BETHESDA – It is said that the pen is mightier than the sword. A local doctor makes use of the pen and other artistic instruments to help his fellow veterans recover from the traumatic experiences of war and raise money for their treatment.
Fred Foote, a Montgomery County resident who graduated from Winston Churchill High School and Georgetown University Medical School, served in the United States Navy for 29 years before retiring as a captain in the Navy Medical Corps. Since 2001, Foote has been developing holistic treatment programs for the military. In these programs, veterans suffering from post-traumatic stress disorder are encouraged to pursue various artistic endeavors.
“The best way to help a veteran is to encourage them to become an artist, either by writing, making music or just being in nature,” Foote said.
Foote currently directs the Warrior Poetry Program, a component of Walter Reed Medical Center’s Warrior Arts Program, which he developed and first opened in 2011. The program is supported by numerous individual and corporate donors, including Johnson & Johnson and the Writer’s Center in Bethesda. Making music or art is now part of the daily routine for most patients and families at Walter Reed. The hospital also hosts performers on a regular basis and uses live music at patients’ bedsides to help them manage pain and agitation.
Foote has long been a poetry writer, but it became an especially important activity for him while serving aboard the hospital ship USS Comfort during the 2003 U.S. invasion of Iraq. Last year Foote published “Medic Against Bomb: A Doctor’s Poetry of War”, a book of poems written during and inspired by that experience. The book has had an enthusiastic reception, winning the Grayson Books Poetry Prize out of 180 entries. Foote reads from the book at speaking arrangements to raise money for veteran treatment programs. He co-founded Warrior Arts Café, a semi-monthly workshop and performance venue at Alfio’s Restaurant in Chevy Chase, where he and his patients present their work to the public.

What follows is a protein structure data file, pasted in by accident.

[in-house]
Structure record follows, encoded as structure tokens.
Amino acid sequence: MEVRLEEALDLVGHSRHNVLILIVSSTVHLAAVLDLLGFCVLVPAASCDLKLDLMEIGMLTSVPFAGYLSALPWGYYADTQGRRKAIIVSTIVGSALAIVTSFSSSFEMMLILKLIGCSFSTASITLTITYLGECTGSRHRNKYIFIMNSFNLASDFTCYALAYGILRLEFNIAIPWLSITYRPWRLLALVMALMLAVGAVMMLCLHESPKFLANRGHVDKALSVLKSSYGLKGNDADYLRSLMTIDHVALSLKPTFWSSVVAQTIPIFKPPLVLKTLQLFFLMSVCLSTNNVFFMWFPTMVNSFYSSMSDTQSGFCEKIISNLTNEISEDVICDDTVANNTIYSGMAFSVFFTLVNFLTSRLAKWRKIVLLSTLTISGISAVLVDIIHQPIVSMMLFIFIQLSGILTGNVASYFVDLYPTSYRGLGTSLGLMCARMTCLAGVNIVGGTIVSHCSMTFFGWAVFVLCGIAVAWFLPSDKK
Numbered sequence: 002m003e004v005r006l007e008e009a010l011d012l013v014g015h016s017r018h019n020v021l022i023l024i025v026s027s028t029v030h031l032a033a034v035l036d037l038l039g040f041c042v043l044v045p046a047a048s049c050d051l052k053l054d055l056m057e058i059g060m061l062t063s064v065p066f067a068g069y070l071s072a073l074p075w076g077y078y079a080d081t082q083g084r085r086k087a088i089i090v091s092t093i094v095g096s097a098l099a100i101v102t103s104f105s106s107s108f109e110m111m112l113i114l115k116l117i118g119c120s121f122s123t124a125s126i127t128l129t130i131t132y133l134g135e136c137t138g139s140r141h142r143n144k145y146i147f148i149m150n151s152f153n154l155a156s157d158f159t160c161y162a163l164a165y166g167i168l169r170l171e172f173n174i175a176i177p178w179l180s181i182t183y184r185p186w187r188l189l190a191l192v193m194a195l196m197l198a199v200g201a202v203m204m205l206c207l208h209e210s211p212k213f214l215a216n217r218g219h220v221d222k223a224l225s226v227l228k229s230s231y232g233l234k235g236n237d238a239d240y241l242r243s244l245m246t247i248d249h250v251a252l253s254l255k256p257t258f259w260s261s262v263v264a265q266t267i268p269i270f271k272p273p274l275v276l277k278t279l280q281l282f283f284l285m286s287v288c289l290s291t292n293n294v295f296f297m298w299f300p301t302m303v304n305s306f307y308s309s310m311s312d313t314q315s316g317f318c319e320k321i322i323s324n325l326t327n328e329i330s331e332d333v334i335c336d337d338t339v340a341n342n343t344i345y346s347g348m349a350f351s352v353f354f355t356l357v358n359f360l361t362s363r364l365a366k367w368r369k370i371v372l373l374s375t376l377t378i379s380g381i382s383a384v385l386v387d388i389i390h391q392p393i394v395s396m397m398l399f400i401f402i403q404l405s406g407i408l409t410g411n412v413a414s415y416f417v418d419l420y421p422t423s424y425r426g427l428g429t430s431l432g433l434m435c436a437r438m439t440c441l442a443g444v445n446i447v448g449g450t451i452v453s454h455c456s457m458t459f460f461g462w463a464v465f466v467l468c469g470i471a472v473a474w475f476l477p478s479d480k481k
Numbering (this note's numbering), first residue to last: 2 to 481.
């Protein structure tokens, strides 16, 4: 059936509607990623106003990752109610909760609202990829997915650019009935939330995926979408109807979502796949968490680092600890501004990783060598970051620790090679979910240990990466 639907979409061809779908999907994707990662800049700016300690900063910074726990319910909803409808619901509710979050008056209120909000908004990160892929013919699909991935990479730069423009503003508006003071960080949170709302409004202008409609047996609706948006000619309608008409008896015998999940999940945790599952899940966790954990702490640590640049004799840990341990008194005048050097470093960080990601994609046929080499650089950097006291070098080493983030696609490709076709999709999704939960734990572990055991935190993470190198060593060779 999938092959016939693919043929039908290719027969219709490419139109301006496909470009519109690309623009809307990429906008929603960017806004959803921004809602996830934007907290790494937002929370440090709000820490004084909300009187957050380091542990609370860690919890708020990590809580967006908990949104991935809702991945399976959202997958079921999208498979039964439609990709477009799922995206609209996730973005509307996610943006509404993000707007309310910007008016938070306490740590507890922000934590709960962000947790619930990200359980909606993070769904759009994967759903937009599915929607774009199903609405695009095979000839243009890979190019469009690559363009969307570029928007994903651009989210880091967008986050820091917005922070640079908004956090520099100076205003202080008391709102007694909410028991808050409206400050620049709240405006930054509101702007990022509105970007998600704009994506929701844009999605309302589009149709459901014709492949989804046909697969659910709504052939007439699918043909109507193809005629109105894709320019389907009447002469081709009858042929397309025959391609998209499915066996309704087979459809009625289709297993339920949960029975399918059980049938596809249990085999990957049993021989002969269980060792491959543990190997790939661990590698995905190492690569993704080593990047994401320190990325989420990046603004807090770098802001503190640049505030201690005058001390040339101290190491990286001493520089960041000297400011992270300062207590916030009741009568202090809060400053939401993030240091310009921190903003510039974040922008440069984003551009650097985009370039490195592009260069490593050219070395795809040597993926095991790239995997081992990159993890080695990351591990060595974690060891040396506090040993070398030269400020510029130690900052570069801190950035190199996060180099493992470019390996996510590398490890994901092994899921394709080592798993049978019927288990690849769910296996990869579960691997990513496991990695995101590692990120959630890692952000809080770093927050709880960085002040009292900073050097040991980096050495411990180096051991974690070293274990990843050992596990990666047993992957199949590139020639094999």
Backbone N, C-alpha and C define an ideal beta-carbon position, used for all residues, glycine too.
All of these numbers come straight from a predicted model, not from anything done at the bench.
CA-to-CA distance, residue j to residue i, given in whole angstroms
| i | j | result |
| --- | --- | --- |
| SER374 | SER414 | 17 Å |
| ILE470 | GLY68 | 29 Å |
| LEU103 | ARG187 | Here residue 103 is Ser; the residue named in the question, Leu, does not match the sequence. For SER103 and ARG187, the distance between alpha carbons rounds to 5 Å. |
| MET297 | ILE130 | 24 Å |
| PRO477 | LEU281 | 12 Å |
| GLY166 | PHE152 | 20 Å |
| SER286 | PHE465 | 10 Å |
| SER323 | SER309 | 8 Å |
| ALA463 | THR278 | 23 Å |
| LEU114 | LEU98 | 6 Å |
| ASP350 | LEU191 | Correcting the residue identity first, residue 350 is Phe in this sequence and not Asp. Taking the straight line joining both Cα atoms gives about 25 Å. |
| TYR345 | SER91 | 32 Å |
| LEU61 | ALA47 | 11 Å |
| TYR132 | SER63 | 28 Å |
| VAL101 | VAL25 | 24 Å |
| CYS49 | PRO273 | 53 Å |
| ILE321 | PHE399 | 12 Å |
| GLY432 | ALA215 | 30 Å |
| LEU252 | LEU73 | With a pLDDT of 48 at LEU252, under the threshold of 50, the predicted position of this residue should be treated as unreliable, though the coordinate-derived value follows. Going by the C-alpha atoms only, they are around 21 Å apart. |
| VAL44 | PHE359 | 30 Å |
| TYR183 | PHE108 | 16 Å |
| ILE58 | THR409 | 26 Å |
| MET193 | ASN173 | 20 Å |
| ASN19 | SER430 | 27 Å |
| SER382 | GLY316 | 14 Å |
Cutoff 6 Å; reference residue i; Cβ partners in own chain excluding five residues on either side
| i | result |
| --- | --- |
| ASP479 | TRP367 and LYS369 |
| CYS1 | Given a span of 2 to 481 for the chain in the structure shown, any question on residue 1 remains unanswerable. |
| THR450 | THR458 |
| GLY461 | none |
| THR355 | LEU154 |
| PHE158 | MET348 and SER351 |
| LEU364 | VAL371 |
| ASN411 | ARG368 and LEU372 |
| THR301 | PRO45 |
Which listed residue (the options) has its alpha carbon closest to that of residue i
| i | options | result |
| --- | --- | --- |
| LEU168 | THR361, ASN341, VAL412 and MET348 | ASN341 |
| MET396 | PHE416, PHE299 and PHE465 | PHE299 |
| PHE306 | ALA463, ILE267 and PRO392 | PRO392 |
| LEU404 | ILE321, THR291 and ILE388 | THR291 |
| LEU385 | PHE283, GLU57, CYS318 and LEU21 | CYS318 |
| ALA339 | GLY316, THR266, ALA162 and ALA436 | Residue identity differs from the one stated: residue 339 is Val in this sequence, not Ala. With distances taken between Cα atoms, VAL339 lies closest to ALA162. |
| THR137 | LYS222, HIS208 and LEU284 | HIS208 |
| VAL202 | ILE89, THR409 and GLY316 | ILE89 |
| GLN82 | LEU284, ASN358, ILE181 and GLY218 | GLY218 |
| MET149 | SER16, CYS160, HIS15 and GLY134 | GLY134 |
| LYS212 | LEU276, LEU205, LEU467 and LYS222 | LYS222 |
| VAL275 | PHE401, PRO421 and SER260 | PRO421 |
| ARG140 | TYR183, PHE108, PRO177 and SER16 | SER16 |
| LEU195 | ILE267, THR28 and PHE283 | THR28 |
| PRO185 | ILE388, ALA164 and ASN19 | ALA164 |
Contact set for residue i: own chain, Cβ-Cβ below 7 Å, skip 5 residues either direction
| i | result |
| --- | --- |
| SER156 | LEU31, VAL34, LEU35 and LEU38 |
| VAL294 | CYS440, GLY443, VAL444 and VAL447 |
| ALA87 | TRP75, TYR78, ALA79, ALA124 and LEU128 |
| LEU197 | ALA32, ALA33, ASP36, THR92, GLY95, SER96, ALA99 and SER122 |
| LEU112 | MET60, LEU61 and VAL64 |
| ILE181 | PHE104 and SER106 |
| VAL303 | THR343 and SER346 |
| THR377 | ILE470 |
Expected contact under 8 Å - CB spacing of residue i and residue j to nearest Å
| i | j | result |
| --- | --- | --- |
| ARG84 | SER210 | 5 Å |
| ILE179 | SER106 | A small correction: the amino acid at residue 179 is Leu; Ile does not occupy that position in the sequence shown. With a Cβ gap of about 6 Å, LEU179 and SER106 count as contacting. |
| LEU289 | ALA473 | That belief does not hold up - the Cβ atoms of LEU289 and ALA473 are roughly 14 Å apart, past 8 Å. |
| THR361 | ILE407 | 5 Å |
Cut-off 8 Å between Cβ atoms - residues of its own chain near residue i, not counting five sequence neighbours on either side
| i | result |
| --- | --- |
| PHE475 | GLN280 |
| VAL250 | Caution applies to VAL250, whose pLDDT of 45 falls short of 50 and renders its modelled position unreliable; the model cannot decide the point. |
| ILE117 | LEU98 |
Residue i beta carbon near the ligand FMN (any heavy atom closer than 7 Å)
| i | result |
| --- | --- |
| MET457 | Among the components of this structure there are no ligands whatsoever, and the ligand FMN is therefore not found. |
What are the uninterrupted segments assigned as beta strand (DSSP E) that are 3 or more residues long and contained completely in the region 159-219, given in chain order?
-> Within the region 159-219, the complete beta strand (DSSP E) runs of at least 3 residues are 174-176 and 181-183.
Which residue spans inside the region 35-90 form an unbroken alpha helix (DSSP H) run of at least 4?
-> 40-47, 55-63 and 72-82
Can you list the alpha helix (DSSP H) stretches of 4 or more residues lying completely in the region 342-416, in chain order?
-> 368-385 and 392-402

“Civilians don’t understand the military, don’t understand what these people have been through,” Foote said. “After five minutes of poetry reading, they have a better idea and want to help.” So far, the Warrior Arts Program has raised over $400,000.
The success of Foote’s methods and programs has encouraged the military to spread them to other areas. The National Initiative for Arts and Health in the Military advances the use of arts in healing and health care for service men and women.
Foote is also a co-organizer of the Green Roads Project, a plan to create the world’s largest healing garden on the premises of the medical center.
“We have to stop destroying nature, it has the power to heal,” Foote said.
Foote will read from and sign copies of his book at the Kensington Day of the Book festival on April 26.
More information on Foote, his work, and his programs can be found at his website, www.frederickfoote.com.
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